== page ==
Names Categorized "infinite stratos characters"

This is a list of names in which the categories include infinite stratos characters.
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CECILIA f English, Italian, Spanish, Swedish, Danish, Norwegian, Dutch, Romanian, Finnish, German
Latinate feminine form of the Roman family name Caecilius, which was derived from Latin caecus "blind". Saint Cecilia was a semi-legendary 2nd- or 3rd-century martyr who was sentenced to die because she refused to worship the Roman gods. After attempts to suffocate her failed, she was beheaded. She was later regarded as the patron saint of music and musicians.... [more]
CHARLOTTE f French, English, German, Swedish, Norwegian, Danish, Dutch
French feminine diminutive of CHARLES. It was introduced to Britain in the 17th century. A notable bearer was Charlotte Brontë (1816-1855), the eldest of the three Brontë sisters and the author of 'Jane Eyre' and 'Villette'.
CHELSEA f English
From the name of a district in London, originally derived from Old English and meaning "landing place for chalk or limestone". It has been in general use as an English given name since the 1970s.
CHLOE f English, Biblical, Biblical Latin, Biblical Greek, Ancient Greek, Greek Mythology
Means "green shoot" in Greek, referring to new plant growth in the spring. This was an epithet of the Greek goddess Demeter. The name is also mentioned by Paul in one of his epistles in the New Testament. As an English name, Chloe has been in use since the Protestant Reformation.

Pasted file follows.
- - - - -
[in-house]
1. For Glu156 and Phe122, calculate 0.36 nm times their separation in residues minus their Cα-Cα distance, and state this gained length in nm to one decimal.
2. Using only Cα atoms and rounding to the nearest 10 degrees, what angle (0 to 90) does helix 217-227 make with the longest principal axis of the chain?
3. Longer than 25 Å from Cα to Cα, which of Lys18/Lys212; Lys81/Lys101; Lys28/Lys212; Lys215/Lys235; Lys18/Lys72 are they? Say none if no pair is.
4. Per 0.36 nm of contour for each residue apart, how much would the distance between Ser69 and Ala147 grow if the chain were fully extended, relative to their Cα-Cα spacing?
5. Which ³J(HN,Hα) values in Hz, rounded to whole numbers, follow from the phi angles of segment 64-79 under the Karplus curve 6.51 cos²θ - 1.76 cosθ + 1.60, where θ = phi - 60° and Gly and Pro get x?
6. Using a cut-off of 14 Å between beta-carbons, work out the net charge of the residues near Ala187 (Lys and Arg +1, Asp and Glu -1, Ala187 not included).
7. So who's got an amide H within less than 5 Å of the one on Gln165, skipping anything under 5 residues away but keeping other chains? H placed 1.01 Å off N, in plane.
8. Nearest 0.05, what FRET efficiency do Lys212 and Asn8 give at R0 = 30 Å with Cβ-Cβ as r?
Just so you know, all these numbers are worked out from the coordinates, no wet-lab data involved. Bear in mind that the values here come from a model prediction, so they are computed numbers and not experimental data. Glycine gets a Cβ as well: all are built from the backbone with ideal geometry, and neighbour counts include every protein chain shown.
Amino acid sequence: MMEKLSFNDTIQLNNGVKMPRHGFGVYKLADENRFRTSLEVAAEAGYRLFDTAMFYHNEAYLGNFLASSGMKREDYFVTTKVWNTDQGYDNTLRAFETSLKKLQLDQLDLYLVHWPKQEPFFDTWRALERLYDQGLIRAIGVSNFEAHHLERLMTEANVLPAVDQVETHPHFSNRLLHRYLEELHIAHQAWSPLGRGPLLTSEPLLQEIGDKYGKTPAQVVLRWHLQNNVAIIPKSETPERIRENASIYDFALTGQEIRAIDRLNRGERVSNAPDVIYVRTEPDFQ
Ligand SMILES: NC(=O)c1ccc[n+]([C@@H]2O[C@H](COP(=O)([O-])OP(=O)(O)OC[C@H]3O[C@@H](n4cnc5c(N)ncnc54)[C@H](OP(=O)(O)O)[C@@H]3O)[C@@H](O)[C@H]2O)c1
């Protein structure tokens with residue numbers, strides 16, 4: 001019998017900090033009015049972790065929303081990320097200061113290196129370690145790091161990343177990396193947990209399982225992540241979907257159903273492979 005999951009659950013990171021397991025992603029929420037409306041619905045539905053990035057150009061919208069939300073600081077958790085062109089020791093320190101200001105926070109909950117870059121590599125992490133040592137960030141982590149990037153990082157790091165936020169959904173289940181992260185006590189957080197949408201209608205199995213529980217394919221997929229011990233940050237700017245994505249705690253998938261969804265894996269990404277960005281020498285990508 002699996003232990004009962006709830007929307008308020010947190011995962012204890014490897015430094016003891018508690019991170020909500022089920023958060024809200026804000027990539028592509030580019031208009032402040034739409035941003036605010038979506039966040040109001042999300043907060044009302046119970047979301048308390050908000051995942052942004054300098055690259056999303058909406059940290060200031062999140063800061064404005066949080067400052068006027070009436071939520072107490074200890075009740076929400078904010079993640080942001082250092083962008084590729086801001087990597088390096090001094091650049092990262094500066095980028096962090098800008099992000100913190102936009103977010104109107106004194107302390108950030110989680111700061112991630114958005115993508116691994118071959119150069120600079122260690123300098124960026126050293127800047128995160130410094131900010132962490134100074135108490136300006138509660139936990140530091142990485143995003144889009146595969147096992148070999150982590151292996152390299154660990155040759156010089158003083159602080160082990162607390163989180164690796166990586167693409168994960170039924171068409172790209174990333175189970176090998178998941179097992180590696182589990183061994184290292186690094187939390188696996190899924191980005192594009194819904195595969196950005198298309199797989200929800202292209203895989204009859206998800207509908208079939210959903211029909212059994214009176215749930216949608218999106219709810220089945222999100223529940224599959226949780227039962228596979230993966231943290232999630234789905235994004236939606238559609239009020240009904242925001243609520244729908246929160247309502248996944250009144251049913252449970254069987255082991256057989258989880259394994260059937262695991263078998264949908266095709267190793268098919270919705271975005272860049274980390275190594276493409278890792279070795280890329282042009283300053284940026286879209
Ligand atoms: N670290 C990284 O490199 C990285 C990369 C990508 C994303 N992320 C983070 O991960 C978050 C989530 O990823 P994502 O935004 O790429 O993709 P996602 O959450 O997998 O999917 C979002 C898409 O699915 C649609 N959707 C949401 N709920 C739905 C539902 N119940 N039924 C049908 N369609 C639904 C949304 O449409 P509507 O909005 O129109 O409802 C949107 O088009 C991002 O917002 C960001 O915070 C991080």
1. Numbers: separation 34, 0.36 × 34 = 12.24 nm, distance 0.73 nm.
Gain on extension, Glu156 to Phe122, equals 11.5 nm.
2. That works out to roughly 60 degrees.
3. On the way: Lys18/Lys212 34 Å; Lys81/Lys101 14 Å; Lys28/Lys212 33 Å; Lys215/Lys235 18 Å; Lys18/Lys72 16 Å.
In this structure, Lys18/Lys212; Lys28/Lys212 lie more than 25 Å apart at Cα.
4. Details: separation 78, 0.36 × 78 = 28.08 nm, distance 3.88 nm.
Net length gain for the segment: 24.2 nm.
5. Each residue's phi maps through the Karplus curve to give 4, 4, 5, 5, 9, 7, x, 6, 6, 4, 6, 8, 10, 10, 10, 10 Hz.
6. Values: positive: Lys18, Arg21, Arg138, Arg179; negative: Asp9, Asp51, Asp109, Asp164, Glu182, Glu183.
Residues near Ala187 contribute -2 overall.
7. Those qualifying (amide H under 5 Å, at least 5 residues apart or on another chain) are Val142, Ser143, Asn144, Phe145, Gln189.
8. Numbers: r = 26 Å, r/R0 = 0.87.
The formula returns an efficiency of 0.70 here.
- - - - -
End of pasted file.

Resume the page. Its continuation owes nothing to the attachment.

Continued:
CLARISSA f English, Italian, Portuguese, Spanish
Latinate form of CLARICE. This was the name of the title character in a 1748 novel by Samuel Richardson. In the novel Clarissa is a virtuous woman who is tragically exploited by her family and her lover.
LAURA f English, Spanish, Italian, Portuguese, Romanian, Finnish, Estonian, Hungarian, Polish, Slovene, Croatian, Czech, Slovak, Swedish, Norwegian, Danish, German, Dutch, Lithuanian, Latvian, Late Roman
Feminine form of the Late Latin name Laurus, which meant "laurel". This meaning was favourable, since in ancient Rome the leaves of laurel trees were used to create victors' garlands. The name was borne by the 9th-century Spanish martyr Saint Laura, who was a nun thrown into a vat of molten lead by the Moors. It was also the name of the subject of poems by the 14th-century Italian poet Petrarch.... [more]
RAN f Japanese
From Japanese (ran) meaning "orchid" or other kanji pronounced in the same way.
YUKIKO f Japanese
From Japanese (yuki) meaning "happiness" or (yuki) meaning "snow" combined with (ko) meaning "child". Alternatively, it can come from (yu) meaning "reason, cause" with (ki) meaning "joy" or (ki) meaning "valuable" combined with (ko) meaning "child". Other kanji combinations can also form this name.